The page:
Obama hints at recess appointment for consumer bureau after GOP blocks Richard Cordray

President Barack Obama pauses during a news conference, Thursday, Dec. 8, 2011, in the White House briefing room in Washington.
AP Photo/Carolyn Kaster
Updated: 2:39 p.m. ET

President Obama on Thursday lambasted Senate Republicans for blocking the nomination of Richard Cordray to head the Consumer Financial Protection Bureau (CFPB), suggesting in a press conference that a recess appointment for Cordray is not "off the table." 

The Senate on Thursday voted to block Cordray's nomination, falling seven votes short of the 60 required to move the nomination forward.

One senator voted present and 53 voted in favor, while 45 voted against. The vote was largely along party lines with Senator Scott Brown, R-Mass., the lone Republican who voted with  Democrats in favor of the Cordray nomination. No Democrat voted against the nomination. Senator Kerry, D-Mass., did not vote. 

Mr. Obama, speaking shortly after the vote, said there was "no reason" Cordray's nomination should not have been approved, and accused Republicans of putting politics before the interests of the American people. 

"There is no reason why Mr. Cordray should not be nominated, and should not be confirmed by the Senate and should not be doing his job right away in order to carry out his mandate and his mission," Mr. Obama said. 

"I just want to send a message to the Senate: We are not giving up on this," Mr. Obama added. "We're going to keep on going at it. We are not going to allow politics as usual on Capitol Hill to stand in the way of American consumers being protected by unscrupulous financial operators. And we're going to keep on pushing on this issue."

When asked if he might consider a recess appointment for Cordray, the president said he would not "take any options off the table" in getting Cordray through the confirmation process -- though he said it was his "hope and expectation" that the Republicans who blocked the bill would "come to their senses."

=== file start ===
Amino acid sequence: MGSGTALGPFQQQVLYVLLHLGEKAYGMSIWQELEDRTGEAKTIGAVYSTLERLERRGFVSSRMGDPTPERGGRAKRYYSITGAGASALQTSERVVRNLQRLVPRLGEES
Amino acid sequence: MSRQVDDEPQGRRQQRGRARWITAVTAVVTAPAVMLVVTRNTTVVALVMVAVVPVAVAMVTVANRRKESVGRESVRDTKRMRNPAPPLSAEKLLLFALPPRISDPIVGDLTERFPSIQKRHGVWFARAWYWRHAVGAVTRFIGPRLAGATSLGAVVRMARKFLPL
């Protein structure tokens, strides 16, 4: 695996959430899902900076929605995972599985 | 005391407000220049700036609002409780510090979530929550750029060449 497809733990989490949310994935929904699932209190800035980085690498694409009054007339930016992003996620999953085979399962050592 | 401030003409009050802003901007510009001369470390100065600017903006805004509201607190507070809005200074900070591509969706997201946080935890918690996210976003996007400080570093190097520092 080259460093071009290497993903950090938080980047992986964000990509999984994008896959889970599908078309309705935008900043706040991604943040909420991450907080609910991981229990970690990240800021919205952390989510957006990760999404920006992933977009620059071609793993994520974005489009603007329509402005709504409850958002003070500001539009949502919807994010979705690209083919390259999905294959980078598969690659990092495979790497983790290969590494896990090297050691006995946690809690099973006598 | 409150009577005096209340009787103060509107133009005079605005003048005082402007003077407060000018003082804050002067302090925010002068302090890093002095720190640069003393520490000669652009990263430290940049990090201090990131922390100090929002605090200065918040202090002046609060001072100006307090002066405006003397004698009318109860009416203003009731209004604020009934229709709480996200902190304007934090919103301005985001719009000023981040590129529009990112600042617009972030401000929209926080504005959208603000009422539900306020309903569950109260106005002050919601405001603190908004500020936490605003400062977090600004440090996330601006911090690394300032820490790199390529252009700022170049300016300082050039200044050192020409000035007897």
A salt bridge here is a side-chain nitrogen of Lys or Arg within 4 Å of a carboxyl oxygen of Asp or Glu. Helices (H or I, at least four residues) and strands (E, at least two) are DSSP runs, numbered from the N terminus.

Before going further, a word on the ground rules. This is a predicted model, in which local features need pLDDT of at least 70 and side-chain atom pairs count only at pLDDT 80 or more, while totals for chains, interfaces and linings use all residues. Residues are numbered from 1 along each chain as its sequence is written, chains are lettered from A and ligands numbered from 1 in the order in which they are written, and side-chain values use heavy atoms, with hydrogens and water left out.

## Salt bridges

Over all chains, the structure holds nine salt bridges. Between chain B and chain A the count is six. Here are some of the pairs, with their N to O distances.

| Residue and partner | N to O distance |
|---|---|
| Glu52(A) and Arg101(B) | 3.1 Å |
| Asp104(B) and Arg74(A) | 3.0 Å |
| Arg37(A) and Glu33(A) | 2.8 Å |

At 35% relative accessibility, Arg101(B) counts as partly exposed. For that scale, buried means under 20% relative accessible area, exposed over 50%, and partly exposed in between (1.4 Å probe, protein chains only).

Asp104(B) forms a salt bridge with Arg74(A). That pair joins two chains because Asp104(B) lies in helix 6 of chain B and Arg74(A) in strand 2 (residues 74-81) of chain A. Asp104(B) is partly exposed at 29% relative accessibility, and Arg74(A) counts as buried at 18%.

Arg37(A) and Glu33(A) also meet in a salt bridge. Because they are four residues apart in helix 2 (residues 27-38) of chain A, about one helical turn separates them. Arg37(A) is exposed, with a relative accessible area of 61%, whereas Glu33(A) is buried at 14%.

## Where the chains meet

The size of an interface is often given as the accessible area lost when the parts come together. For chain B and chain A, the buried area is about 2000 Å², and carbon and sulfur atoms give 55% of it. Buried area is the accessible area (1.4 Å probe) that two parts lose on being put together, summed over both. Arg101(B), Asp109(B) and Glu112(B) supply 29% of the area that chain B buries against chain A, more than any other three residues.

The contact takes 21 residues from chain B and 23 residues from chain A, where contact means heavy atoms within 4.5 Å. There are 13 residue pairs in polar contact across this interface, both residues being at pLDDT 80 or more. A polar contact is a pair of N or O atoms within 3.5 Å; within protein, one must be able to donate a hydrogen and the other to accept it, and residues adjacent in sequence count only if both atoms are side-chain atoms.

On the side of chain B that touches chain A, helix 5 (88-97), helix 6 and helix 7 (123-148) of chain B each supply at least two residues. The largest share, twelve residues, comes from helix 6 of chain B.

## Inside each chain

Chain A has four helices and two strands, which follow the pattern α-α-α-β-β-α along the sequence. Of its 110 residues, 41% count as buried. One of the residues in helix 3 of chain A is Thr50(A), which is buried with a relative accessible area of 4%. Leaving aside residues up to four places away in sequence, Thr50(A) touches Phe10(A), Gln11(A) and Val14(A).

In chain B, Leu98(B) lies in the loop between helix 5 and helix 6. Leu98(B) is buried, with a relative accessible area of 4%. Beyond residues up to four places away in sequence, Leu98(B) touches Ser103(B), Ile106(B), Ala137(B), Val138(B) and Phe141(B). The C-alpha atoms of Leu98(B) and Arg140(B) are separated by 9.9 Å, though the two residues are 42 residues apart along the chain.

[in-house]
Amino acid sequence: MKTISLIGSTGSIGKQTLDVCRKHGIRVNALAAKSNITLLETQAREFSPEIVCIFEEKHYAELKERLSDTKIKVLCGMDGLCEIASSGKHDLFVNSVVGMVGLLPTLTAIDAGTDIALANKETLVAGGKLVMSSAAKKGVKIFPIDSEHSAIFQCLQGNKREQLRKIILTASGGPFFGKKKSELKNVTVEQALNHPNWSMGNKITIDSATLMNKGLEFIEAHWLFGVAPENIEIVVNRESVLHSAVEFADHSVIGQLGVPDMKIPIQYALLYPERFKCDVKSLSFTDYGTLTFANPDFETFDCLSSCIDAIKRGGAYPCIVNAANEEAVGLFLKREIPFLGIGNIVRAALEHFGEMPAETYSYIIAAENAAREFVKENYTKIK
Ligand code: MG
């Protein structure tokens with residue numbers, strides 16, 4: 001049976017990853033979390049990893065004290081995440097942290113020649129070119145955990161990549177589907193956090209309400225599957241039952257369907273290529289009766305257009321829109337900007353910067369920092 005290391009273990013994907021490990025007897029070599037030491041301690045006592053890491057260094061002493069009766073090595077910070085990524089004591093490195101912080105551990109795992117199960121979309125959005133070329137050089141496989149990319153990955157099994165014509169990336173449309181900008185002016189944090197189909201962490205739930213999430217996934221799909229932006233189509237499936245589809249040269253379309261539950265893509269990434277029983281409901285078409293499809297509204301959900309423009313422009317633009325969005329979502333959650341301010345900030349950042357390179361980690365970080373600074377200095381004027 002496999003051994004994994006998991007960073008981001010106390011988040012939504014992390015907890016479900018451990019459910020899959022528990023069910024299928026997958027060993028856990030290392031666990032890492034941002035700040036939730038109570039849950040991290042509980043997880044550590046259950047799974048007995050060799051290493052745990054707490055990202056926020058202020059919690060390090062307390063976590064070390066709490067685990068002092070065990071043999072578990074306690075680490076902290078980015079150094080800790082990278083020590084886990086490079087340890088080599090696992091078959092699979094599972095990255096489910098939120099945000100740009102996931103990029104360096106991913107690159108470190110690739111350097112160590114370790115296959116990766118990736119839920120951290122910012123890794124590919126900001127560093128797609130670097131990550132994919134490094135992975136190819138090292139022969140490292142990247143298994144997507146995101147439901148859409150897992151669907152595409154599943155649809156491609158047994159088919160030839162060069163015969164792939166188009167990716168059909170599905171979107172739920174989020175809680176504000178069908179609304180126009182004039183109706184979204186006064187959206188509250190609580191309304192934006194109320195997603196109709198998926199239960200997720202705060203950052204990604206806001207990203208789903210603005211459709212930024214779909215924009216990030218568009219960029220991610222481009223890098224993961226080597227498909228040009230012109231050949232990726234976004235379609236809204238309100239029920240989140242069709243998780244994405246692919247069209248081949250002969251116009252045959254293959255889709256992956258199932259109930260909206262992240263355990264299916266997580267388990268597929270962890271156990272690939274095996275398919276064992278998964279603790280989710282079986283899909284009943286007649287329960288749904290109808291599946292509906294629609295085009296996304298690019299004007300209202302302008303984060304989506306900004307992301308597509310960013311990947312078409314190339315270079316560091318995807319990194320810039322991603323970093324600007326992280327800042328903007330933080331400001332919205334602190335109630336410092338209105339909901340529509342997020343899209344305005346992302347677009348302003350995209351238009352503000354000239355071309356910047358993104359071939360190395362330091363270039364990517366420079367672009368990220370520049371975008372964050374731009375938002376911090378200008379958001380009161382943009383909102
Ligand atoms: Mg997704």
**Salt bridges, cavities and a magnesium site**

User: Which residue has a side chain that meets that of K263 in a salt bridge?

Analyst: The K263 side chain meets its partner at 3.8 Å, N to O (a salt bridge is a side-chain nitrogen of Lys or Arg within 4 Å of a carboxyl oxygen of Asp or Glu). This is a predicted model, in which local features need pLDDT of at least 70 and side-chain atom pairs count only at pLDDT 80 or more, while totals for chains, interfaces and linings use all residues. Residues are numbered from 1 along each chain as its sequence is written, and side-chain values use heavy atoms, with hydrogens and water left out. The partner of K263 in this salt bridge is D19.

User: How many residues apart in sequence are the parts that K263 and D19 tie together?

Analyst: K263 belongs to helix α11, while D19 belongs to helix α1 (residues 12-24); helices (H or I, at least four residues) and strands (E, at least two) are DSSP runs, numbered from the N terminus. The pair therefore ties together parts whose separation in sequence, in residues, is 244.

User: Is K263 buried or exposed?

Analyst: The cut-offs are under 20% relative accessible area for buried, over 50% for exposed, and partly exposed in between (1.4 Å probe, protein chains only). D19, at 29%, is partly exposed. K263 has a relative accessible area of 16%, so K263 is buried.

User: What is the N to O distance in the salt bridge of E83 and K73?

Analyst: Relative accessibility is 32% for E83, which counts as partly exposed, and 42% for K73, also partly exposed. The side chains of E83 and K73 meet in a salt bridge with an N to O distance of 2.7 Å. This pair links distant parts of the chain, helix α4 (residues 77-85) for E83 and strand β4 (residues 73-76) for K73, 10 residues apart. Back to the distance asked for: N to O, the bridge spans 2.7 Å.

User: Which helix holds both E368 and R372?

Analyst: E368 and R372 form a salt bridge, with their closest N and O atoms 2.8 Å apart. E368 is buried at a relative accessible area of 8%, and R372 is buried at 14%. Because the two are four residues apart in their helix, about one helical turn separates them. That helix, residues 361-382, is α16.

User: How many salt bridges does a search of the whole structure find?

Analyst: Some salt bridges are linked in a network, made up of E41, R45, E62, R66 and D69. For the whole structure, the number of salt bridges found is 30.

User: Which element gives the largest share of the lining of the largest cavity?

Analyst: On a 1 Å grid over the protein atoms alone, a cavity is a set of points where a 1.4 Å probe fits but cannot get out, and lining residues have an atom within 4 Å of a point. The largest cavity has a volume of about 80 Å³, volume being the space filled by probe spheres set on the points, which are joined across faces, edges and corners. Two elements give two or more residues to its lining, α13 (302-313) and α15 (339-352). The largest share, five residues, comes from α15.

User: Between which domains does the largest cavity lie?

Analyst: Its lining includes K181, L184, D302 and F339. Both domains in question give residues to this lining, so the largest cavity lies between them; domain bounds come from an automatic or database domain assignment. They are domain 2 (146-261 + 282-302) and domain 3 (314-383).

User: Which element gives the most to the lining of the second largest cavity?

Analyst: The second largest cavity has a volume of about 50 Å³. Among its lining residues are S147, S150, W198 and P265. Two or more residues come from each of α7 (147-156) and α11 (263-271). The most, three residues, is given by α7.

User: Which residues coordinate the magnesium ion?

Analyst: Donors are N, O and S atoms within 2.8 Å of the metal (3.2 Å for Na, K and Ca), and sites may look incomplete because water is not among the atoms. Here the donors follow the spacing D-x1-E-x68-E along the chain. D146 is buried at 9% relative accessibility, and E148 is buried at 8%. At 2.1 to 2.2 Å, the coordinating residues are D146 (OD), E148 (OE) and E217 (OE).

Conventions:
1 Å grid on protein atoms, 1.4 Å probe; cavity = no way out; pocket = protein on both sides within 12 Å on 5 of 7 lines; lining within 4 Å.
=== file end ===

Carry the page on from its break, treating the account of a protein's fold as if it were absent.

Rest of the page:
"This is a law that was passed by Congress that I signed into law that is designed solely to protect American consumers," he said. "Why wouldn't we want to have somebody just to make sure that people are being treated fairly? Especially when not only is that family affected, but our whole economy is affected."

There's a good chance, however, that Congress won't formally recess. Senate Republicans may block a recess if they think Mr. Obama will make recess appointments during it. If that happens, the Senate would meet in pro forma session throughout the period the recess otherwise would occupy.

Few expected Cordray to achieve the necessary support to overcome a Republican filibuster, despite a last-minute White House media blitzaimed at educating voters about the bureau and the consumer protections that would be put in place if Cordray was approved as its director.

Even before Cordray's nomination, 44 Republican Senators -- four more than are needed to filibuster a nomination -- signed a letter to President Obama pledging to block any nominee barring a drastic restructuring of the CFPB. One of the restructuring moves for which they called was the elimination of the director position altogether.

Michael Brumas, a spokesman for House Minority Leader Mitch McConnell, R-Ky., told Hotsheet on Monday that Senate Republicans would continue stand by the letter letter because "the White House hasn't responded to our calls to change the structure of the bureau."

"That's basically still our position," Brumas said. "The letter still stands."

On Thursday Mr. Obama invited Republicans who had misgivings about elements of the agency's structure to introduce legislation to Congress that would modify the parts with which they took issue.

"I know that some [Republicans] have made the argument, 'Well we just want to sort of make some modifications in the law.' Well they're free to introduce a bill and get that passed," said Mr. Obama.